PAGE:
McClatchy finally gets to Rove's speech to the Republican National Lawyers Association that I've been writing about for some time:
The administration's interest in replacing some U.S. attorneys, in voter fraud and in voting rights has sometimes had a political tinge, however.
Bush has acknowledged hearing complaints from Republicans about some U.S. attorneys’ “lack of vigorous prosecution of election fraud cases,” and administration e-mails have shown that Rove and other White House officials were involved in the dismissals and in the choice of an aide to Rove to replace one of them. Nonetheless, Bush has refused to permit congressional investigators to question Rove and others under oath.
Last April, while the Justice Department and the White House were planning the firings, Rove gave a speech in Washington to the Republican National Lawyers Association. He ticked off 11 states that he said could be pivotal in 2008. Bush has appointed new U.S. attorneys in nine of them since 2005: Florida, Colorado, Wisconsin, Minnesota, Iowa, Arkansas, Michigan, Nevada and New Mexico. U.S. attorneys in the latter four were among those fired.
Rove thanked the audience for “all that you are doing in those hot spots around the country to ensure that the integrity of the ballot is protected.” He added, “A lot in American politics is up for grabs.”
Taken together, legal experts and other critics say, the replacement of the U.S. attorneys and the changes in Justice Department voting rights policies suggest that the Bush administration may have been using its law enforcement powers for partisan political purposes.
Rove talked about the Northwest in his speech last spring to the Republican lawyers, and voiced concern about the trend toward mail-in ballots and online voting. He also questioned the legitimacy of voter rolls in Philadelphia and Milwaukee.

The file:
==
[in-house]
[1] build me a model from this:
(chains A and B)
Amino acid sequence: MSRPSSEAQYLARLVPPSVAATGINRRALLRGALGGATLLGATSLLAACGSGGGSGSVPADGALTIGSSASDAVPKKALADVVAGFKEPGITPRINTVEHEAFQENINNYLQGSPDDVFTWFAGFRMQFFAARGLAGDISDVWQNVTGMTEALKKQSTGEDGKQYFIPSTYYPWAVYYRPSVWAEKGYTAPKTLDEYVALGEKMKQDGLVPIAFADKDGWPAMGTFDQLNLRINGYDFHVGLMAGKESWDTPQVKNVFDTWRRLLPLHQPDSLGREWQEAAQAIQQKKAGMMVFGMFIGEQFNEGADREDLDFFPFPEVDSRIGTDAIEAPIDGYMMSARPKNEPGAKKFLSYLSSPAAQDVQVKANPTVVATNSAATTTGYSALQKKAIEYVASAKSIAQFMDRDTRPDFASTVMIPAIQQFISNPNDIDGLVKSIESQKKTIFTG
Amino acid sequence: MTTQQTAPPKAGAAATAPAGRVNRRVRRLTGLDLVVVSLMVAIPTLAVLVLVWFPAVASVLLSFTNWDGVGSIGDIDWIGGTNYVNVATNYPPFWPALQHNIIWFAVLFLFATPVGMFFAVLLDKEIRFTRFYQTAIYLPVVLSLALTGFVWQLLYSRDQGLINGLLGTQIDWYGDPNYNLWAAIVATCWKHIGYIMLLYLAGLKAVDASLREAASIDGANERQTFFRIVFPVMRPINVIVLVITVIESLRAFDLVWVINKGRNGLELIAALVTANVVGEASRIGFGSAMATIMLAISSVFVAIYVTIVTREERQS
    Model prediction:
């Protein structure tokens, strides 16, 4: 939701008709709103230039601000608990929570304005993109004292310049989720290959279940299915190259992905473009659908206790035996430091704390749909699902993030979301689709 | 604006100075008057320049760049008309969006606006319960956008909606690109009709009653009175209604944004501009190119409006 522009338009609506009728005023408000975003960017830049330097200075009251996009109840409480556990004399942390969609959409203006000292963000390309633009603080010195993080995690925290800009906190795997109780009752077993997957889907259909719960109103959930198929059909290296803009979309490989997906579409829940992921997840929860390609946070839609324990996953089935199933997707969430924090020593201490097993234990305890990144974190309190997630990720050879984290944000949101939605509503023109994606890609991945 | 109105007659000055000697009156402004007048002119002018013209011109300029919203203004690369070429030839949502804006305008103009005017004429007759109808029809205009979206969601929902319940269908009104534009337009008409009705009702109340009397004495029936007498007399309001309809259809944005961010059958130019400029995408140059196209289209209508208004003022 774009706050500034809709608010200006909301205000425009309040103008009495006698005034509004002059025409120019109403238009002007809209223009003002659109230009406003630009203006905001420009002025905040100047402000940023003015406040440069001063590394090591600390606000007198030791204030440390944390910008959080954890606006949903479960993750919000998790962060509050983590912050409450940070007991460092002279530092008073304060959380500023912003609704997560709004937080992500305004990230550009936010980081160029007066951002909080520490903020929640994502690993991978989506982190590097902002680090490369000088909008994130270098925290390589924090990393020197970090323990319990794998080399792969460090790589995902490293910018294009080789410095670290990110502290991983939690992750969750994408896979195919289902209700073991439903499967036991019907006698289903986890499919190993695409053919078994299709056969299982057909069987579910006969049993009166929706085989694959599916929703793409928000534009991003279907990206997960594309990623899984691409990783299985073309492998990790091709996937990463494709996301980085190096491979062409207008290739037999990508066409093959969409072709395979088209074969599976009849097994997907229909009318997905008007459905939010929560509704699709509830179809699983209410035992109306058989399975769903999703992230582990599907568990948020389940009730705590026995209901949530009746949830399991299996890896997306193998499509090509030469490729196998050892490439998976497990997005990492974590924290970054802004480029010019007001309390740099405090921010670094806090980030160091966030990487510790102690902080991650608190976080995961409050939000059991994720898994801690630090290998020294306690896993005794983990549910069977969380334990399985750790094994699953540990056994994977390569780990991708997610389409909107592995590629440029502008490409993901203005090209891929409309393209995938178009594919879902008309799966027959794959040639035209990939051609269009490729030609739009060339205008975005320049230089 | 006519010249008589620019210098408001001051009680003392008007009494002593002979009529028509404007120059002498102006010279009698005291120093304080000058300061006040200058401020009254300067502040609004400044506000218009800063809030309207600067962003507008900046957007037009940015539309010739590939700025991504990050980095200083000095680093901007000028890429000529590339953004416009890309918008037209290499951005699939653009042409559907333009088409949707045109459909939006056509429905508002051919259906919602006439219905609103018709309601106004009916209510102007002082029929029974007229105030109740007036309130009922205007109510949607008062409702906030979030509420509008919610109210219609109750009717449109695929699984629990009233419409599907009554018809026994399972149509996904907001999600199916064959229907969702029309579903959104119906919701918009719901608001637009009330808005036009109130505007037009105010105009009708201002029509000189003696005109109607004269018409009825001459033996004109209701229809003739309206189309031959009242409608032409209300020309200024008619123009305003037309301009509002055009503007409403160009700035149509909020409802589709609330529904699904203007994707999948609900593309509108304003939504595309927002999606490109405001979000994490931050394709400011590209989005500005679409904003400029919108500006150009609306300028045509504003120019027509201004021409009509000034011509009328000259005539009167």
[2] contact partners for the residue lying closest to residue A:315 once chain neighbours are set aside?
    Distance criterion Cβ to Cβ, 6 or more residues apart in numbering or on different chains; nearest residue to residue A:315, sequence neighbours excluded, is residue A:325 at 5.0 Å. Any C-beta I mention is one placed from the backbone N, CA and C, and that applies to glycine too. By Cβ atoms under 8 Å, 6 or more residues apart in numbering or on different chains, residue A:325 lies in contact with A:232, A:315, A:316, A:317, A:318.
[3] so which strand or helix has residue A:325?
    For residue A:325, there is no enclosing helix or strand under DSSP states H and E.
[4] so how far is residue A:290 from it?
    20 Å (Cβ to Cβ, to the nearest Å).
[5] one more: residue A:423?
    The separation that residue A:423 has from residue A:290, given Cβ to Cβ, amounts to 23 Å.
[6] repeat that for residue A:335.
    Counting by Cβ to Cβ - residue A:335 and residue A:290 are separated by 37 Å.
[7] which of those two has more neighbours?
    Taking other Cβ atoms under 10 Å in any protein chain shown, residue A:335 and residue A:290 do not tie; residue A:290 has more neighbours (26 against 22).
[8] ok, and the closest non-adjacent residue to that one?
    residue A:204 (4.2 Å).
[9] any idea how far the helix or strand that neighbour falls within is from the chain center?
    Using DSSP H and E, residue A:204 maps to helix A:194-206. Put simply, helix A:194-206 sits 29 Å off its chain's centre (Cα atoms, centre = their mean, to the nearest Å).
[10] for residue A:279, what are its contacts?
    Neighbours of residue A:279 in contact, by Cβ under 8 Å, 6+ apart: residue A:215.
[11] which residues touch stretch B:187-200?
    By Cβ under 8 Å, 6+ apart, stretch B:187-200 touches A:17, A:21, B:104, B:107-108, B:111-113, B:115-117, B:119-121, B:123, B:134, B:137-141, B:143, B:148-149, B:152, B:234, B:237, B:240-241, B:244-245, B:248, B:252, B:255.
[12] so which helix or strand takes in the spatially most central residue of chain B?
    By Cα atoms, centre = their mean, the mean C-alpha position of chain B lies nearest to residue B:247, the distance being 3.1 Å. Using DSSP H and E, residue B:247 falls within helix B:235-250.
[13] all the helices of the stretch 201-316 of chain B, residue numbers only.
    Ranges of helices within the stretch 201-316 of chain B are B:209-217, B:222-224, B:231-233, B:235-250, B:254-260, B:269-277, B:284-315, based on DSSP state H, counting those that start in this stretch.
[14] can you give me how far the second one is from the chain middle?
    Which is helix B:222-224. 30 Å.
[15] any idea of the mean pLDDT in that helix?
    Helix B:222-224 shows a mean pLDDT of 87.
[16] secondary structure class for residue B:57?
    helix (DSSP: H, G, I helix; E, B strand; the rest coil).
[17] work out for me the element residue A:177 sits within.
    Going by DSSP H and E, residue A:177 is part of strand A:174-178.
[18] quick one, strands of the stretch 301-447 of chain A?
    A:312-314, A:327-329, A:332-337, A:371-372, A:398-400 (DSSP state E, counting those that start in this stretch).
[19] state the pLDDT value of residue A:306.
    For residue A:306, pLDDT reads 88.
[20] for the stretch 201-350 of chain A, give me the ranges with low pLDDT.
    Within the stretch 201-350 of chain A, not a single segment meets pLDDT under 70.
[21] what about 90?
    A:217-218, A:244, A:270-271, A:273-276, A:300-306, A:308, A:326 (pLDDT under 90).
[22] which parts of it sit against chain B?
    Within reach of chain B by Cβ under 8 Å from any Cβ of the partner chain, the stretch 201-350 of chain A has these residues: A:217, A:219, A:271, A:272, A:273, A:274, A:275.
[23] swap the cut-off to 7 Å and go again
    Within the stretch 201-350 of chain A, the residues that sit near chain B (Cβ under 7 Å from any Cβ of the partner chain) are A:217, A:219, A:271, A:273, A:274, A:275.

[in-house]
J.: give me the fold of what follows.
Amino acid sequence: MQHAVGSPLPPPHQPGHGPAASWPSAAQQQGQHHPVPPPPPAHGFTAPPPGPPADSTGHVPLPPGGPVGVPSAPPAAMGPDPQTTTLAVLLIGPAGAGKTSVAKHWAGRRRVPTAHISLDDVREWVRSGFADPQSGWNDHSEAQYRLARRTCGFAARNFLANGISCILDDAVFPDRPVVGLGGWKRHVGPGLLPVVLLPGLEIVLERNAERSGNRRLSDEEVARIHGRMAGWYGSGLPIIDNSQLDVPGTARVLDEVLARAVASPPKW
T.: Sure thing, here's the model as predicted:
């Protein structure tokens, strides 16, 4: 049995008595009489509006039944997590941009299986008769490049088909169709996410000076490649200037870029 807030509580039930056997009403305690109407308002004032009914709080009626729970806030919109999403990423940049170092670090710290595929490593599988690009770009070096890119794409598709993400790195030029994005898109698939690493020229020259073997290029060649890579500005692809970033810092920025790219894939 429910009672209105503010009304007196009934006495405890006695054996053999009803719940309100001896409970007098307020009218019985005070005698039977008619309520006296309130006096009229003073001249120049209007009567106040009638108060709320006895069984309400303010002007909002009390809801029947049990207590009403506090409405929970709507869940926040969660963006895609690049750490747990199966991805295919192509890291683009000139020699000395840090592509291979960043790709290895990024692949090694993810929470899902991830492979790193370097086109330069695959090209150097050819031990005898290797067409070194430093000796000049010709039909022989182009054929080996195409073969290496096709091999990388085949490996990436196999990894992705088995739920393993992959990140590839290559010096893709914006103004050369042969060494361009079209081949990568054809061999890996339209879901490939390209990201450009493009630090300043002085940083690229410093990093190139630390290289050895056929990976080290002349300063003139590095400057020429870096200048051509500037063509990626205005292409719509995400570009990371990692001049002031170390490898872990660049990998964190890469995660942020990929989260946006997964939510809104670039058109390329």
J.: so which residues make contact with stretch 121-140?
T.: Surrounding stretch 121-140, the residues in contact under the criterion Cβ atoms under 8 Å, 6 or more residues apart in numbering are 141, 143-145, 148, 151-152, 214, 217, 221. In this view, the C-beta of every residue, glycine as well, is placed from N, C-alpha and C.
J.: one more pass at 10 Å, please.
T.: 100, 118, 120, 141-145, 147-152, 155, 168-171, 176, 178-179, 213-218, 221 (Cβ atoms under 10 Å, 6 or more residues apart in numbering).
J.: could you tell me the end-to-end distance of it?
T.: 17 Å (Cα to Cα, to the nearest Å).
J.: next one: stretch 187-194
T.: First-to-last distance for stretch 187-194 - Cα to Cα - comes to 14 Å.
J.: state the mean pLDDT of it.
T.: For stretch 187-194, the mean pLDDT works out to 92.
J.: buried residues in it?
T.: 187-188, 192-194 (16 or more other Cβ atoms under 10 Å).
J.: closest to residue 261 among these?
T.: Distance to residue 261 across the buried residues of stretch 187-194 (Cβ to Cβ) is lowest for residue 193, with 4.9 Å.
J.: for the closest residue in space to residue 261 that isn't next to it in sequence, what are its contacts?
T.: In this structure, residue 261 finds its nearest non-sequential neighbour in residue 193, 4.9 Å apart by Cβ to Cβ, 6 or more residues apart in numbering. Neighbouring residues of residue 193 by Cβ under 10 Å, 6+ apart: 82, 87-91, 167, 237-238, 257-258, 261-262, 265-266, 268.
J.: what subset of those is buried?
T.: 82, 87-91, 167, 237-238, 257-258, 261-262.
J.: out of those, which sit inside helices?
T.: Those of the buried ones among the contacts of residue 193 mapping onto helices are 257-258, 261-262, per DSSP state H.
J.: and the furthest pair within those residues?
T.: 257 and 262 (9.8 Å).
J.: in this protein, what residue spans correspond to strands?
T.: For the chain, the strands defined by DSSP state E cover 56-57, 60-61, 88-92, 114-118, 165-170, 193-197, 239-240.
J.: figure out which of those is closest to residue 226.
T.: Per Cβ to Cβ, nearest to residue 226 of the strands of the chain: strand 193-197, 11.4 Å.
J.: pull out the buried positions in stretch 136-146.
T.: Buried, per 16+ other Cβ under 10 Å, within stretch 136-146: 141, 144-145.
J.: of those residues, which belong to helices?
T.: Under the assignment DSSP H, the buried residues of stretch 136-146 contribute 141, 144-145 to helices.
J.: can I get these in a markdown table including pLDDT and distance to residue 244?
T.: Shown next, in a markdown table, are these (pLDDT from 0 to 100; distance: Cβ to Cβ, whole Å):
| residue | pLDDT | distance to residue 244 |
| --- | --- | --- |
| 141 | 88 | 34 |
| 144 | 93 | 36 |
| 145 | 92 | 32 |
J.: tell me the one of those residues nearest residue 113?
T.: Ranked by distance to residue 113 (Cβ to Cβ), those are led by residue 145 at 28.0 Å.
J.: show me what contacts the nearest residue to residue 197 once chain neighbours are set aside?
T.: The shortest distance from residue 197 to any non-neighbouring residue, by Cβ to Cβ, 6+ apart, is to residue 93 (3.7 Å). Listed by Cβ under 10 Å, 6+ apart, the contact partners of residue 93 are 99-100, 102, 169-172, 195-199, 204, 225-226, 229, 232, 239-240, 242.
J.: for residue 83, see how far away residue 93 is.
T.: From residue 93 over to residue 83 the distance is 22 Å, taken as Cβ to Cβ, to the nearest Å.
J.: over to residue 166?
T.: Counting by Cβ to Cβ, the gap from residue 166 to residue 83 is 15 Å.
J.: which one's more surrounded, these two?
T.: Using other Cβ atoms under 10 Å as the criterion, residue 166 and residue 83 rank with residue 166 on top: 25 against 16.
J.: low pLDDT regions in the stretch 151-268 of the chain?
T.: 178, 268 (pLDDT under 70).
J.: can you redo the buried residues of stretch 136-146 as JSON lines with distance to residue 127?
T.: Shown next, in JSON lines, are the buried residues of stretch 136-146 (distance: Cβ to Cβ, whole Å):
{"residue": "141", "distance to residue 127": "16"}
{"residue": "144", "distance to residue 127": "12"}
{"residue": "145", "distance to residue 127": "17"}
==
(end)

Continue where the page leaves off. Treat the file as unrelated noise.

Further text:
One audience member asked Rove whether he’d “thought about using the bully pulpit of the White House to talk about election reform and an election integrity agenda that would put the Democrats back on the defensive.”
“Yes, it’s an interesting idea,” Rove responded.
(There's much more to this very interesting story at the link.)
I speculated last fall that Rove quite cannily planned to use the electoral integrity meme that had grown up in liberal circles since the 2000 elections and turn it back on the Democrats. He'd certainly had experience with similar strategies.
Here's a case from earlier in Rove's career:
Newspaper coverage on November 9, the morning after the election, focused on the Republican Fob James's upset of the Democratic Governor Jim Folsom. But another drama was rapidly unfolding. In the race for chief justice, which had been neck and neck the evening before, Hooper awoke to discover himself trailing by 698 votes. Throughout the day ballots trickled in from remote corners of the state, until at last an unofficial tally showed that Rove's client had lost—by 304 votes. Hornsby's campaign declared victory.
Rove had other plans, and immediately moved for a recount. "Karl called the next morning," says a former Rove staffer. "He said, 'We came real close. You guys did a great job. But now we really need to rally around Perry Hooper. We've got a real good shot at this, but we need to win over the people of Alabama.'" Rove explained how this was to be done. "Our role was to try to keep people motivated about Perry Hooper's election," the staffer continued, "and then to undermine the other side's support by casting them as liars, cheaters, stealers, immoral—all of that." (Rove did not respond to requests for an interview for this article.)
The campaign quickly obtained a restraining order to preserve the ballots. Then the tactical battle began. Rather than focus on a handful of Republican counties that might yield extra votes, Rove dispatched campaign staffers and hired investigators to every county to observe the counting and turn up evidence of fraud. In one county a probate judge was discovered to have erroneously excluded 100 votes for Hooper. Voting machines in two others had failed to count all the returns. Mindful of public opinion, according to staffers, the campaign spread tales of poll watchers threatened with arrest; probate judges locking themselves in their offices and refusing to admit campaign workers; votes being cast in absentia for comatose nursing-home patients; and Democrats caught in a cemetery writing down the names of the dead in order to put them on absentee ballots.